The Fourth River welcomes submissions that explore the relationship between humans and their environments, both natural and built, urban, rural or wild. We are looking for writing that is richly situated at the confluence of place, space and identity—or that reflects upon or makes use of landscape and place in new ways.

Recent authors we’ve published include Barbara Hurd, Susan Cohen, Nate Pritts, and BK Loren. Contributors to The Fourth River have received Pushcart Prizes, NEA Fellowships, and The Drue Heinz Literature Prize. The Fourth River’s contributors have been published in Glimmer Train, Alaska Quarterly Review, The Missouri Review, The Best American Short Stories, The O. Henry Prize Stories, and The Best American Travel Writing.

The Fourth River accepts unpublished poetry, literary short fiction, creative nonfiction and artwork. Please send up 3-5 poems, up to 7,000 words of prose, or three pieces of visual art at a time. All submissions will be considered for print or online publication. 

SPECIAL NOTE: We are OPEN to general submissions, as well as to submissions for our theme feature for our next online issue from January 7th-February 7th, 2015. After that date, we go back to our regular submission schedule, listed below.

Submission Period for Print Journal: July 1 – September 1.
Submission Period for Online Journal: November 1 – January 1.



     **Queering Nature: Themed Online Issue Coming Fall 2015**

Heteronormative/queer.  Natural/unnatural. Human/animal. Urban/wild. These binaries reveal heteronormative privilege, along with its assumption of dominance over nature and its definition of what's natural.  But what if the world in which we live has always been naturally queer, and language has yet to reveal it?

Guest-edited by Dakota Garilli and Michael Walsh, The Fourth River’s second online issue, to launch in Fall of 2015, will focus on Queering Nature, and we’re looking for your best, most innovative nature and place-based writing in any genre or style. Hybrid forms, lyric essays, prose poems, and work that blends research with creative language are all welcome. Surprise us.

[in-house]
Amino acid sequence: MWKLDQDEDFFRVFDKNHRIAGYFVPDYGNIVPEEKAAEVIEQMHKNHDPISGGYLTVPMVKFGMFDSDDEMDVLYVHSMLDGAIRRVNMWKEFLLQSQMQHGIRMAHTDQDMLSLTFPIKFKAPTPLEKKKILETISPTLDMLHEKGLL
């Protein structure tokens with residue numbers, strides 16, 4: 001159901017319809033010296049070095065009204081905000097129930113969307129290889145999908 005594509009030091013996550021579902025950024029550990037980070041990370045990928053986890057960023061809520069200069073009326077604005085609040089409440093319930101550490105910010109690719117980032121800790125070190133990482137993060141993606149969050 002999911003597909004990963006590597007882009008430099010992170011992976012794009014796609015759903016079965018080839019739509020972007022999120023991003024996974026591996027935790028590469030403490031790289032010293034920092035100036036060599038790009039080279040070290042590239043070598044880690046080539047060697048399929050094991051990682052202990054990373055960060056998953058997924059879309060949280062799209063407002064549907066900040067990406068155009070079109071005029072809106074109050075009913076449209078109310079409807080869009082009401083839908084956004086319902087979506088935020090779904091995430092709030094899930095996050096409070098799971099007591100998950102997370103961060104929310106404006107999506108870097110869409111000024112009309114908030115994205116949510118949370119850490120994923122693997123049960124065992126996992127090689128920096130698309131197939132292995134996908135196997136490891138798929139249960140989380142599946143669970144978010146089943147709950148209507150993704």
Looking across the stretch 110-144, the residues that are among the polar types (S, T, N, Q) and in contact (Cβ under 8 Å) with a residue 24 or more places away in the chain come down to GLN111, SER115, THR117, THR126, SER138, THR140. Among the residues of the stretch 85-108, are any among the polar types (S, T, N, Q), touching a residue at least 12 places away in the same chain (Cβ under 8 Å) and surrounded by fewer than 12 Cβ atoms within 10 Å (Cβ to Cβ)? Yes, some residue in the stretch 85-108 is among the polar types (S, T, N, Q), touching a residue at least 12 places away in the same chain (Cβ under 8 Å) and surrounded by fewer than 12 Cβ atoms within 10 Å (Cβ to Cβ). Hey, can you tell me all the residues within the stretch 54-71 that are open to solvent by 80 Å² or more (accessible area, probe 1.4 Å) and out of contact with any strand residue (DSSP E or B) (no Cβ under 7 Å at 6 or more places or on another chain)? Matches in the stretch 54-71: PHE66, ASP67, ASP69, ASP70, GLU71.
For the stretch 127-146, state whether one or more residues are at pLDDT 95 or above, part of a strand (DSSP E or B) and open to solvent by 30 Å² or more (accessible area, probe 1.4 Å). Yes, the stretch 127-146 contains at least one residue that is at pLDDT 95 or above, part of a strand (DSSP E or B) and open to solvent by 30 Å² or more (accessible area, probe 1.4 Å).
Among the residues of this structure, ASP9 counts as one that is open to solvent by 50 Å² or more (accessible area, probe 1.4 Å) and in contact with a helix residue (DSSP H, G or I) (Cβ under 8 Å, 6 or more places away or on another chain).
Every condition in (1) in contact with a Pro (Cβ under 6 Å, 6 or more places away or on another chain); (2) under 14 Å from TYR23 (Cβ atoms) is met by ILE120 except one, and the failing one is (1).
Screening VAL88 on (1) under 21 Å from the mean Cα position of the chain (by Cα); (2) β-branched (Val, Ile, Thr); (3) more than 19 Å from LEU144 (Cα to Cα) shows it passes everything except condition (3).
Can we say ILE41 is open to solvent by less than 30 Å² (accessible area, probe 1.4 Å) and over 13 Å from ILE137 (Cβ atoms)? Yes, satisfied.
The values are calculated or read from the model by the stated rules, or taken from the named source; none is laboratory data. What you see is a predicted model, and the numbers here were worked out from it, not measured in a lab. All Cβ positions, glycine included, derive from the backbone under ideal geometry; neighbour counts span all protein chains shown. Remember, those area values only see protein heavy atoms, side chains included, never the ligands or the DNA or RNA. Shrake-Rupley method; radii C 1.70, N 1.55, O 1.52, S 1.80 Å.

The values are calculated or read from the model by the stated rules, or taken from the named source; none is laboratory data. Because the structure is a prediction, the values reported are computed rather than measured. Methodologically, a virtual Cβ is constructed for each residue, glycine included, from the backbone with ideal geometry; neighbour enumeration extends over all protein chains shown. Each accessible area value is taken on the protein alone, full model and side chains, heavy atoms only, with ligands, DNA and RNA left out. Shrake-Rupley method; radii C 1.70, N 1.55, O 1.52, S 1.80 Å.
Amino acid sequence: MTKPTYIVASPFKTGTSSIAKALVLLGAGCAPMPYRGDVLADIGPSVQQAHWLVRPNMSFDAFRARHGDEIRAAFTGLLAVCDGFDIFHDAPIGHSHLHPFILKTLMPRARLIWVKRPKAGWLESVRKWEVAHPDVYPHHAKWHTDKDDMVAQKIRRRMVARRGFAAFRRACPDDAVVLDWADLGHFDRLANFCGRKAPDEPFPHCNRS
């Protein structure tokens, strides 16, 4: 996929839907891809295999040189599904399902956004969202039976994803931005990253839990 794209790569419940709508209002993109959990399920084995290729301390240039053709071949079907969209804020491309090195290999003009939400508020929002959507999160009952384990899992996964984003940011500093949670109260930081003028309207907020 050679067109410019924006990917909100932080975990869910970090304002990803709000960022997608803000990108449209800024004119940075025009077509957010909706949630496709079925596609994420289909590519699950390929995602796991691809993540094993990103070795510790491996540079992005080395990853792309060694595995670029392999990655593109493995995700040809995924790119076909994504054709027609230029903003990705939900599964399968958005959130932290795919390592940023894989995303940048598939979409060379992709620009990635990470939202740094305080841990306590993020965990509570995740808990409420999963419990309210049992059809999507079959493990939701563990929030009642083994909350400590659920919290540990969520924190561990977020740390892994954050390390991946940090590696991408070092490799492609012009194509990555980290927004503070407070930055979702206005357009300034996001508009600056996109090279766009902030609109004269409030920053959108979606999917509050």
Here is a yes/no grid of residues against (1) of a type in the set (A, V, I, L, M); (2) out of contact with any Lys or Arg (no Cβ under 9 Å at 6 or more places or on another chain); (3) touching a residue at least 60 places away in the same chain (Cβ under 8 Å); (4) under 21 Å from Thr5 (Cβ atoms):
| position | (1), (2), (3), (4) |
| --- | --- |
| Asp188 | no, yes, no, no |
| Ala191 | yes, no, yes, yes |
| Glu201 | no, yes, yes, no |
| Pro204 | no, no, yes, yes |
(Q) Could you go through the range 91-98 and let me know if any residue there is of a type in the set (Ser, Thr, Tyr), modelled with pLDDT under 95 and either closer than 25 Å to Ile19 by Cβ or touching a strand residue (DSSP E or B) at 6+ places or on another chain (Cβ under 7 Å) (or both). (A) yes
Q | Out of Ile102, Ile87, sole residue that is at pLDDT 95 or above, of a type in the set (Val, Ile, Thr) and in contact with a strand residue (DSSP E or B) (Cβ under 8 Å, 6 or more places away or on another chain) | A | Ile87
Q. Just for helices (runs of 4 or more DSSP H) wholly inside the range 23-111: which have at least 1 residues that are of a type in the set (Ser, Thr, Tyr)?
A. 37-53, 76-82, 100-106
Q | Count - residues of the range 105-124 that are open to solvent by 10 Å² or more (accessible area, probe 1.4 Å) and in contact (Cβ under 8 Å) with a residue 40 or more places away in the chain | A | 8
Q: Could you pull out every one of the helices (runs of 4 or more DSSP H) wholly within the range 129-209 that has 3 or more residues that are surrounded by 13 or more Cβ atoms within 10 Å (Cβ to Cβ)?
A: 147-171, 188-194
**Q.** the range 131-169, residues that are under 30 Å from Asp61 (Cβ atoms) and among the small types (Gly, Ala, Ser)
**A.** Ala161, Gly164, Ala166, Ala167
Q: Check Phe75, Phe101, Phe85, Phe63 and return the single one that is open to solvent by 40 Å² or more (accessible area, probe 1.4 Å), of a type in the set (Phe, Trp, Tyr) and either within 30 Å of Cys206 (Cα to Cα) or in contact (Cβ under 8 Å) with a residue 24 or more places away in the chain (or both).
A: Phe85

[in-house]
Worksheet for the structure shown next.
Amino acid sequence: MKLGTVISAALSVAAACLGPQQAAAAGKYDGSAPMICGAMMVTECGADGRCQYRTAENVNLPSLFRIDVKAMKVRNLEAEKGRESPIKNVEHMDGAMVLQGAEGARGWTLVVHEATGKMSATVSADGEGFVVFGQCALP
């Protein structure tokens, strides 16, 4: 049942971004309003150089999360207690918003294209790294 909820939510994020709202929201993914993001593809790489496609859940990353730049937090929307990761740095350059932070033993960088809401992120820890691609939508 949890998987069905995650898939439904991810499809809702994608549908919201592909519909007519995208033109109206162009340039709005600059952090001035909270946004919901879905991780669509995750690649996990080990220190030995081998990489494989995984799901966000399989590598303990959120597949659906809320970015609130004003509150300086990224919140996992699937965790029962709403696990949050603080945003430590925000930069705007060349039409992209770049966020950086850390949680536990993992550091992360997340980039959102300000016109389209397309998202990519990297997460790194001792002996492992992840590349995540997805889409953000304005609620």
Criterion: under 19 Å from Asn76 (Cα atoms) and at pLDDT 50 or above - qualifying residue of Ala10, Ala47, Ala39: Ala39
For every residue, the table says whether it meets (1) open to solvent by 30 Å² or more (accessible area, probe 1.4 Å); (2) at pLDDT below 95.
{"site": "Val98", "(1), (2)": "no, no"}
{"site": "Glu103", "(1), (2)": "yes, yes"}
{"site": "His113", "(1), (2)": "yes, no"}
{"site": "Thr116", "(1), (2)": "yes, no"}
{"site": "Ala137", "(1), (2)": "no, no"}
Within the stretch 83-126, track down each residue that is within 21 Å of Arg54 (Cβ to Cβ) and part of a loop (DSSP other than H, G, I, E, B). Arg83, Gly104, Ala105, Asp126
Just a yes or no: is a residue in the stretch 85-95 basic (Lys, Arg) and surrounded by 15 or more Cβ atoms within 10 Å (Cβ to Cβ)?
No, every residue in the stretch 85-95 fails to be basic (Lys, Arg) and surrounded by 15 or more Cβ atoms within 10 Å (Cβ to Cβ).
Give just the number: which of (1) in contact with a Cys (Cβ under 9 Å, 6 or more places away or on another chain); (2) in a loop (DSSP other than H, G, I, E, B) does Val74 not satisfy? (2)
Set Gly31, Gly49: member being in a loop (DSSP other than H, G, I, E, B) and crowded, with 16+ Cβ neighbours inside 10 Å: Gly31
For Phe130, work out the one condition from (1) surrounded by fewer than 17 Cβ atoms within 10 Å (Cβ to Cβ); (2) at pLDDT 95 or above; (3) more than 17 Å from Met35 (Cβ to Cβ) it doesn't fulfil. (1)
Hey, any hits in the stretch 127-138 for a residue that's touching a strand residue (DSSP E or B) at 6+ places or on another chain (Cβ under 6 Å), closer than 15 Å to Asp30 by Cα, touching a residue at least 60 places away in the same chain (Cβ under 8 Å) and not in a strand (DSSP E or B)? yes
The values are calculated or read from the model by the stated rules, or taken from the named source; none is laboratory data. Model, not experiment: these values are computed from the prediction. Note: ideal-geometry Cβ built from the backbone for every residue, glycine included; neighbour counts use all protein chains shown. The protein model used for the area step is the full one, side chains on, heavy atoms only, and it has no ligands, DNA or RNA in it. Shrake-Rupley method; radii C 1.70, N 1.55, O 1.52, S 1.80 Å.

We want to see work that delves into the mess and nuance of our natural world. As Alex Johnson writes in his essay “How to Queer Ecology,” “What queer can offer is the identity of I am also. I am also human. I am also natural. I am also alive and dynamic and full of contradiction, paradox, irony.”

An example of the kind of thing we're looking for would be of what we're looking for would be "Boonies," by D.A. Powell: http://www.poetryfoundation.org/poetrymagazine/poem/242666


Check The Fourth River website for more submission details: http://fourthriver.chatham.edu/index.php/submit.


GUEST EDITORS:

Dakota Garilli is a queer poet, essayist, and writing instructor who recently taught in the Words Without Walls program at the Allegheny County Jail. A transplant from the New Jersey suburbs living in Pittsburgh, Dakota earned an MFA at Chatham University, where he studied creative nonfiction, poetry, and pedagogy. Former managing editor of Chatham’s The Fourth River, Dakota is a founding and nonfiction editor of the new digital literary journal IDK Magazine. His poems appear or are forthcoming in Weave, Two Hawks Quarterly, and The Good Men Project. His interests include drag, the Catholic arcana, spirituality and the occult, reality television, and suburban lifestyles.

Michael Walsh is a poet and short story writer living with his husband in Minneapolis, Minnesota. He grew up on a dairy farm in western Minnesota, where he came out in the local paper during his senior year of high school in the early 90s. He often writes about the queer and rural Midwest. His chapbooks, Adam Walking the Garden (2004) and Sleepwalks (2012), were published by Red Dragonfly Press. The Dirt Riddles, his first full-length collection of poetry, won the inaugural Miller Williams Prize in Poetry from the University of Arkansas Press (2010) and the Thom Gunn Award for Gay Poetry (2011). His interests include animal husbandry, astrophysics, games, monsters, myths, quantum mechanics, restoration ecology, slow foods, and urban farming.


The Fourth River only accepts submissions via Submittable.  Emailed submissions will not be read. Mailed submissions will be recycled.





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